Utopia and Political Theology

No. 2 - Year 5 - 06/2015

University of Zadar | ISSN 1847-7755 | SIC.JOURNAL.CONTACT@GMAIL.COM


Although utopias of different kinds have always stirred people’s imagination, it seems that the twentieth century rise of political theology brought about a particularly intense proliferation of utopian narratives. On the other hand, catastrophic failures such as that of the communist project gave rise to various subsequent reconsiderations of the utopian dream, dystopian nightmare and the thin line dividing the two. ...

Literature and Culture
Madelon Hoedt, University of South Wales, United Kingdom:

The words ‘utopia’ and ‘zombie’ are likely to conjure up strong images in the mind of the reader. The first makes one think of perfection, of happiness, of something new and better; the other, of the monstrous, of death and decay. Despite the fact that these images are arguably the most common, one can question their validity: can it be said that utopias are always perfect, and are the undead always monstrous? In this paper, I aim to explore the concepts relating to both utopias and zombies and the possible connections between the two, including a reading of the undead in light of the ultimate utopia: Paradise. In the light of these analyses, I propose a more positive approach to the figure of the zombie, which will be discussed as a counterpoint to the commonly held views of (religious) utopias. Keywords: utopia, dystopia, Christianity, Revelation, Paradise, Second Coming, zombie, post-zombieA man, dressed in an old, torn and dusty suit, is seen in the distance, staggering between the...

DOI: 10.15291/sic/2.5.lc.6
Literature and Culture
Maja Ćuk, Alfa BK University, Serbia:

The aim of this paper is to show how Atwood’s reformulations of myths contain hidden political messages from ancient and modern history and can be interpreted from Fredric Jameson’s views on ‘symbolic acts,’ discourse and the ideology of form. Several scholars have explored the symbolic relationship between the three major protagonists in The Robber Bride and fragments of the omnipotent image of the Neolithic deity the White Goddess. As the symbolic counterparts of Diana, Venus and Hecate in the novel, Tony, Roz and Charis demonstrate how women’s integrity has been crippled and how the restoration of female principle is just a utopian idea. However, our analysis has revealed that the younger generation of “goddesses” does not bring hope to the female gender in either the present or the future. Augusta, Paula and Erin symbolize oversimplified and parodied versions of the destructive Hecate in an unpromising world and “the not-good place” that resembles a dystopia. Keywords: Margaret Atw...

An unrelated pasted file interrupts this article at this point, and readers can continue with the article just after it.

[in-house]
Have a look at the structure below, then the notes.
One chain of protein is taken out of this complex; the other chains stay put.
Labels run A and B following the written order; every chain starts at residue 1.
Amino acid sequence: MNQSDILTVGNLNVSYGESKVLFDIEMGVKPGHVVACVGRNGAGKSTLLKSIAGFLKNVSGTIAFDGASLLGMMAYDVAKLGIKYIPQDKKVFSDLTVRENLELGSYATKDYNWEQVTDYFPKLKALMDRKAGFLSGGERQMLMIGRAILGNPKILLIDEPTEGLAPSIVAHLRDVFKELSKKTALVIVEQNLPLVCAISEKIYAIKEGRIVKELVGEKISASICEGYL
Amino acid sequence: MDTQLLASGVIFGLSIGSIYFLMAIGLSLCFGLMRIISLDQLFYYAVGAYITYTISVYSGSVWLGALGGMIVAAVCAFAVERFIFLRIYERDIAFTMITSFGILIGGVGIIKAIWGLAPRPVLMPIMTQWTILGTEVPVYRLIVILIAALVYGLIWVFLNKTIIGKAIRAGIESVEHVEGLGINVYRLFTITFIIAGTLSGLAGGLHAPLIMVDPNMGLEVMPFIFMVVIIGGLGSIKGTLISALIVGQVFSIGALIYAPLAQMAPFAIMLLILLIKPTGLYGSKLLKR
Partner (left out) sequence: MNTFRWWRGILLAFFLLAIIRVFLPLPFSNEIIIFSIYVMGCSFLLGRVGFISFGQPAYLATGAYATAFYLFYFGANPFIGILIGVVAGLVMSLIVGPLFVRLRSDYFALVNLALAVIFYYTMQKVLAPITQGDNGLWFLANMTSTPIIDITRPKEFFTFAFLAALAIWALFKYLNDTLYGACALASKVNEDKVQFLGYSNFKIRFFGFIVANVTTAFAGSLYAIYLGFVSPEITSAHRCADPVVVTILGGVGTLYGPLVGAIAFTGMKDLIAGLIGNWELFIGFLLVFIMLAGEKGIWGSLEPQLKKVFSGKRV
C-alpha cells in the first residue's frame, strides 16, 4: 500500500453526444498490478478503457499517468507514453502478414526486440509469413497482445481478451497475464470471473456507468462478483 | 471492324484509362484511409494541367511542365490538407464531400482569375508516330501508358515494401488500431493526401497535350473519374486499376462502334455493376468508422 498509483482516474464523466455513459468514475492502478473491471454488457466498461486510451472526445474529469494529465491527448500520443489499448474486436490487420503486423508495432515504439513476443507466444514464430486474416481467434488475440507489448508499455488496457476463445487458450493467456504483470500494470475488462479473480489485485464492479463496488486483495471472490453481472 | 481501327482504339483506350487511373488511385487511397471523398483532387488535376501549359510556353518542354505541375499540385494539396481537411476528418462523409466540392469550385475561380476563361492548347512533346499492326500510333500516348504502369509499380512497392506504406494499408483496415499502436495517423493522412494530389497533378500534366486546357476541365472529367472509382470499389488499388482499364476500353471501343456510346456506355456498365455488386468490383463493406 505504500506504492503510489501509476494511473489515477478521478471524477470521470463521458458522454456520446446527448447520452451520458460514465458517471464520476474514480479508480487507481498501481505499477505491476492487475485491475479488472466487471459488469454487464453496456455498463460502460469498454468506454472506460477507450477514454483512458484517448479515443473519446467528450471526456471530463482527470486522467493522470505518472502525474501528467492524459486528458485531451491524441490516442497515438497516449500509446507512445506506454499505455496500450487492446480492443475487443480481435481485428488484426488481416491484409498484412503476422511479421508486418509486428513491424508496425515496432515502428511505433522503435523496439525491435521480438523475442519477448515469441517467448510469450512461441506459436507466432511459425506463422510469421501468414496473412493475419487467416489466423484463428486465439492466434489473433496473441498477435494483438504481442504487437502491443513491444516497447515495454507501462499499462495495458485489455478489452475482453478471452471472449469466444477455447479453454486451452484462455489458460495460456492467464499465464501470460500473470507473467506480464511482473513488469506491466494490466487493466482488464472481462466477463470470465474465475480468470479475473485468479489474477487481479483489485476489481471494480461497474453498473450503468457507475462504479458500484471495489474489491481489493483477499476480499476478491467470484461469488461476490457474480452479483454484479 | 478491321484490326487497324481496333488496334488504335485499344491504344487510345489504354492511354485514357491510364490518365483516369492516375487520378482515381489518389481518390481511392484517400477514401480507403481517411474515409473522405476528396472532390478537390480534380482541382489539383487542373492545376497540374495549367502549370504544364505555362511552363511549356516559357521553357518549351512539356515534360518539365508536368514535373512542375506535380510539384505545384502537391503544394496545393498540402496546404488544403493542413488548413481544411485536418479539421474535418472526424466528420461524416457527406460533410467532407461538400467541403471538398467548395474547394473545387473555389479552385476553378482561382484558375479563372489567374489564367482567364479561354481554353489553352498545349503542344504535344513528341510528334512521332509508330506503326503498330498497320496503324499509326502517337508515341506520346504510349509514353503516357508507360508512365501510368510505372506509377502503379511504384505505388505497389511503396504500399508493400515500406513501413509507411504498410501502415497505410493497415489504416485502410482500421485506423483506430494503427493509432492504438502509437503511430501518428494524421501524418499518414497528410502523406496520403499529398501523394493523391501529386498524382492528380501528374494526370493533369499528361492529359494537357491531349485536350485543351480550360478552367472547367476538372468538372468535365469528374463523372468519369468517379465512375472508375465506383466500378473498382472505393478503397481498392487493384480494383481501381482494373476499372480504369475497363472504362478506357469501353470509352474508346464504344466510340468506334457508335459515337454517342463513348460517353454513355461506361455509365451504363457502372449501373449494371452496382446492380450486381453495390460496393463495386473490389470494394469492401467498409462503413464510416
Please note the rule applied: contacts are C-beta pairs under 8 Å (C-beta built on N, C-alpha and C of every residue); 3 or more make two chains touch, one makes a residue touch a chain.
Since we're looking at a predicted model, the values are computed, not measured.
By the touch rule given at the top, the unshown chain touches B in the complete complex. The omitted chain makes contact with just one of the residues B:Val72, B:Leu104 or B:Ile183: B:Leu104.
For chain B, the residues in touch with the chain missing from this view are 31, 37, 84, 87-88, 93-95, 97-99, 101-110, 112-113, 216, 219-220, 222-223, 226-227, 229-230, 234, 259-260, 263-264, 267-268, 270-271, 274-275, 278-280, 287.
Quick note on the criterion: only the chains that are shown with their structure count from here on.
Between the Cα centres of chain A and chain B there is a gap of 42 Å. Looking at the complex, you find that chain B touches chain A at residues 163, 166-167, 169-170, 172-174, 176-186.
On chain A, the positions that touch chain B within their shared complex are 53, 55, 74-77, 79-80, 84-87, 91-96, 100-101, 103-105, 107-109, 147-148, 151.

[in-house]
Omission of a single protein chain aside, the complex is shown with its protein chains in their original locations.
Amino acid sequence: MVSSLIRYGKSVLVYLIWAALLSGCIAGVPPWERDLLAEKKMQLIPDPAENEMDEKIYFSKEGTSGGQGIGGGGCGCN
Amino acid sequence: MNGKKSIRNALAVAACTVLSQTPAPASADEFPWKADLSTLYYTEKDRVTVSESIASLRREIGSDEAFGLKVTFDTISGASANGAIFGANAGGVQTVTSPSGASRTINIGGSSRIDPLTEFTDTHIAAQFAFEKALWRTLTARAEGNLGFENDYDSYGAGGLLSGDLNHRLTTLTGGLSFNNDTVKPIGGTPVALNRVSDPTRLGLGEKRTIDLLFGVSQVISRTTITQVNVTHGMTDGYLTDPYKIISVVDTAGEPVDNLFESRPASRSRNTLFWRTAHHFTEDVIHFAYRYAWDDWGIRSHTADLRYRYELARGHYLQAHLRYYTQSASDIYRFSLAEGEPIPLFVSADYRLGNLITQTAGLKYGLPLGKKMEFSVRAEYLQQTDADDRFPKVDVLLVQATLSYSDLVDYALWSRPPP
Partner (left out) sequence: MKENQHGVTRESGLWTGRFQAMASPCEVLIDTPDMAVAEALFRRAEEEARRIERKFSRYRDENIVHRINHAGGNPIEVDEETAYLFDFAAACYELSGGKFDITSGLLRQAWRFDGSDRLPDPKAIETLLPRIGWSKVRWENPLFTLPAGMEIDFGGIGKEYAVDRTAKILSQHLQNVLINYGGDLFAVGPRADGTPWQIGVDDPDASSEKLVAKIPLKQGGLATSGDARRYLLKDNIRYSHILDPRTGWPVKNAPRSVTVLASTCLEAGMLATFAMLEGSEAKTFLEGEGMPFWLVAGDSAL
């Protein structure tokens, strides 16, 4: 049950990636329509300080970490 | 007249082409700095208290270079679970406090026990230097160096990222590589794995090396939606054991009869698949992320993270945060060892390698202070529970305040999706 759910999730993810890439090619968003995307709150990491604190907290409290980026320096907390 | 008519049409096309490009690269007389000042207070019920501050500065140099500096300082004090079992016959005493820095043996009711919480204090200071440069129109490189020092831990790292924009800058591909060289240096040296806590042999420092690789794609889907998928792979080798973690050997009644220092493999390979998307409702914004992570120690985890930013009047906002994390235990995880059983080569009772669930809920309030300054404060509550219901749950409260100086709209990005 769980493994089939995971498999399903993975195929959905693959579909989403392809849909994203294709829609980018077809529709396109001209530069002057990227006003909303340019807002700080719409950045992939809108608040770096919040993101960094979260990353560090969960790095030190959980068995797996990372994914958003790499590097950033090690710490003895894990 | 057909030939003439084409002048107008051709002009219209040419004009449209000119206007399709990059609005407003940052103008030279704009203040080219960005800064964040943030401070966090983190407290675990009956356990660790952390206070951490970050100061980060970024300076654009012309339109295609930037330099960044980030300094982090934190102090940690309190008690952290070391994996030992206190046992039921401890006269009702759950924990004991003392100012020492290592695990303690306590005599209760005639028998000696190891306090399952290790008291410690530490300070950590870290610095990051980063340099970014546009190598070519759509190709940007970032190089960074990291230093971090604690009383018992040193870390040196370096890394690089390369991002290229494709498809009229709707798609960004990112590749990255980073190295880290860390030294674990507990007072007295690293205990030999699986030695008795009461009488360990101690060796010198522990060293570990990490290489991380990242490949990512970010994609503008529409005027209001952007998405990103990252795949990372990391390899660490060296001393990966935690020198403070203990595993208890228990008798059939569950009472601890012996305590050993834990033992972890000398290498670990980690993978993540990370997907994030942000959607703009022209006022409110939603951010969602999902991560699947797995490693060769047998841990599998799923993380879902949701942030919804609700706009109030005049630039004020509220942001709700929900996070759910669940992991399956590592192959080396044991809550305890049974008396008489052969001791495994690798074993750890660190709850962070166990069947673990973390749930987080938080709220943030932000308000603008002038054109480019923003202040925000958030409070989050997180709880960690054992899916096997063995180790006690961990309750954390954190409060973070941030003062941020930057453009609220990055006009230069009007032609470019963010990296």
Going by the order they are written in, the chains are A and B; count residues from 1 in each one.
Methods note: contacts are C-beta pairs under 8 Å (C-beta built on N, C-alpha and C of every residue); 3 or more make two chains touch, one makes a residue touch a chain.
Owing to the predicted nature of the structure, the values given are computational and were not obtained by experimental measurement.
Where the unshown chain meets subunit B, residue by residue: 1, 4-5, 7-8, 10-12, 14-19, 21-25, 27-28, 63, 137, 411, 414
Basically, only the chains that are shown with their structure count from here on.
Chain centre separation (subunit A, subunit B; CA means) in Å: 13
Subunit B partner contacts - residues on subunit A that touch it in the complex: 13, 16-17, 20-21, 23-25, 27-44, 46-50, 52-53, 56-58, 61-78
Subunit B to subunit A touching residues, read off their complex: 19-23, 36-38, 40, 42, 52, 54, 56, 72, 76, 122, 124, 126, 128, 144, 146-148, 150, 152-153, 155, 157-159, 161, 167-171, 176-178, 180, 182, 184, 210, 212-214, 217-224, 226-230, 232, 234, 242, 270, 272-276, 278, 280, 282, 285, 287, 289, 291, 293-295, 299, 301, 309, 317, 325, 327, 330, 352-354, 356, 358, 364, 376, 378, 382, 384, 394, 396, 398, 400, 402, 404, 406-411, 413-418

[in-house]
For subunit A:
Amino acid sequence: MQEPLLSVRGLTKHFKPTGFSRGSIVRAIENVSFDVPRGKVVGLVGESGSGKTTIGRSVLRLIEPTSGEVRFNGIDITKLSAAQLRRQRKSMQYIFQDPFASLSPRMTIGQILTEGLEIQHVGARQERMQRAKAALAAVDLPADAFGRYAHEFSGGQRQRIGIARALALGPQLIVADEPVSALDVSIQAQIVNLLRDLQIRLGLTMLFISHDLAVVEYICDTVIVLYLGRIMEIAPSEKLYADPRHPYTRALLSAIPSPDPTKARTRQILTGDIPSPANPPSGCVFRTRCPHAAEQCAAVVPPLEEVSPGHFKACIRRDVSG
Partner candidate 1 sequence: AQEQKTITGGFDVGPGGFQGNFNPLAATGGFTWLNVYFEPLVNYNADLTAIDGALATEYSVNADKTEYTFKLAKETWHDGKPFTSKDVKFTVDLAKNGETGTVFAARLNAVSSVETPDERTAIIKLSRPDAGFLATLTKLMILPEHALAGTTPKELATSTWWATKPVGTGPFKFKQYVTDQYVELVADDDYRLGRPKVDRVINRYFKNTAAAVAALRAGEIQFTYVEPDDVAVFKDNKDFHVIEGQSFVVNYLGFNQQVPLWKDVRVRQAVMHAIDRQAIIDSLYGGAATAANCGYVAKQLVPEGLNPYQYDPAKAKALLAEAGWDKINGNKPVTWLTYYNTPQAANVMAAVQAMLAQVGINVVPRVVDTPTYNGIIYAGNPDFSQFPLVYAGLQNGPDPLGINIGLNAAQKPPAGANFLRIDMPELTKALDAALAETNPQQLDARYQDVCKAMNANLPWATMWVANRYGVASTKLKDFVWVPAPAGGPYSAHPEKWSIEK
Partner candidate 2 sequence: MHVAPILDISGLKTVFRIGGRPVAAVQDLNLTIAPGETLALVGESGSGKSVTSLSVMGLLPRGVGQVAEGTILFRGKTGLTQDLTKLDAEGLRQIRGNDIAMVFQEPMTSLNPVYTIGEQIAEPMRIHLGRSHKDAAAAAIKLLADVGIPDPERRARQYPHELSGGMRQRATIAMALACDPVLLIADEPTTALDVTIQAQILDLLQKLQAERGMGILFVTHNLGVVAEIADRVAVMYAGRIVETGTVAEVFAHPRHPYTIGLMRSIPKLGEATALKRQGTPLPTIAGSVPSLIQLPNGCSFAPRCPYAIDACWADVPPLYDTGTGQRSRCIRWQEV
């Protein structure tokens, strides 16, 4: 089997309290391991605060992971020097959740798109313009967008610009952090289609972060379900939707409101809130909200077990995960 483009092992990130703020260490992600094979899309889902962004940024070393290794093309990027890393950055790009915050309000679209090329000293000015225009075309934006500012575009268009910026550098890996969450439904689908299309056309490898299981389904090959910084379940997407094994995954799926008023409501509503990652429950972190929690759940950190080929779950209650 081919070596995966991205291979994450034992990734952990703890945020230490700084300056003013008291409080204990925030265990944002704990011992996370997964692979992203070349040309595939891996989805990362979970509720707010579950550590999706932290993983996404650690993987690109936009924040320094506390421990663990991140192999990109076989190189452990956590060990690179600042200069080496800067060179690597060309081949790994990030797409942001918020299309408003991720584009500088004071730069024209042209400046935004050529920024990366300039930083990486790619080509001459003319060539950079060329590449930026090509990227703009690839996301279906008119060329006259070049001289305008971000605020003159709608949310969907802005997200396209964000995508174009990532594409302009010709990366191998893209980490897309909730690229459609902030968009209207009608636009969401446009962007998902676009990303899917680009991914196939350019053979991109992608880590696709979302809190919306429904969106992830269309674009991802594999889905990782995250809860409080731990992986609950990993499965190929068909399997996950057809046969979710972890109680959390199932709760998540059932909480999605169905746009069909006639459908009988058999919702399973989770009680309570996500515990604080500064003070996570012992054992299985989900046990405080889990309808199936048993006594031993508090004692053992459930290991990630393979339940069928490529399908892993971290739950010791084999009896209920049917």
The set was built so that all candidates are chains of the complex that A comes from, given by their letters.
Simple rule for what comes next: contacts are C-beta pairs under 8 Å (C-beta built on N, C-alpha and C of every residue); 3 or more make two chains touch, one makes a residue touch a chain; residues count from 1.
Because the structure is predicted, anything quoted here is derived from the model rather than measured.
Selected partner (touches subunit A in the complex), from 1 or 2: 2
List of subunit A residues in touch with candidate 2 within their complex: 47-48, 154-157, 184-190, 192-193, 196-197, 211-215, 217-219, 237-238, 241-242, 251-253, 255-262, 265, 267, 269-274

DOI: 10.15291/sic/2.5.lc.4
Literary Translation
Zoran Ferić and Tomislav Kuzmanović:

1.At first the island is just a sign on a yellow board with a drawing of a vessel and the letters saying “Car Ferry,” then it is a grayish silhouette in the blue of the sea, and then, later still, an acquaintance working on the ferry, who just nods briefly in greeting. Jablanac, ferry port, its pleasant lobby, and then, from the upper deck, a giant rock approaching. That is the object of a year-long desire: the moment of stepping off the boat and smelling the rosemary, diesel and sheep droppings, seeing the sharp rocks looking at the Strait of Senj, coarse limestone in sharp opposition to the signs that say: Benvenuti, Welcome, Willkommen!At home, on the terrace, in the shade of the oleander, there’s no wish to eat. Only swimming trunks are put on and then, barefoot, without a towel or sun-tanning lotion, off to the beach.“Why won’t you eat something?” grandma asks.She knows that there’s an exciting world waiting out there, but she knows nothing of the details. All friends went on a bo...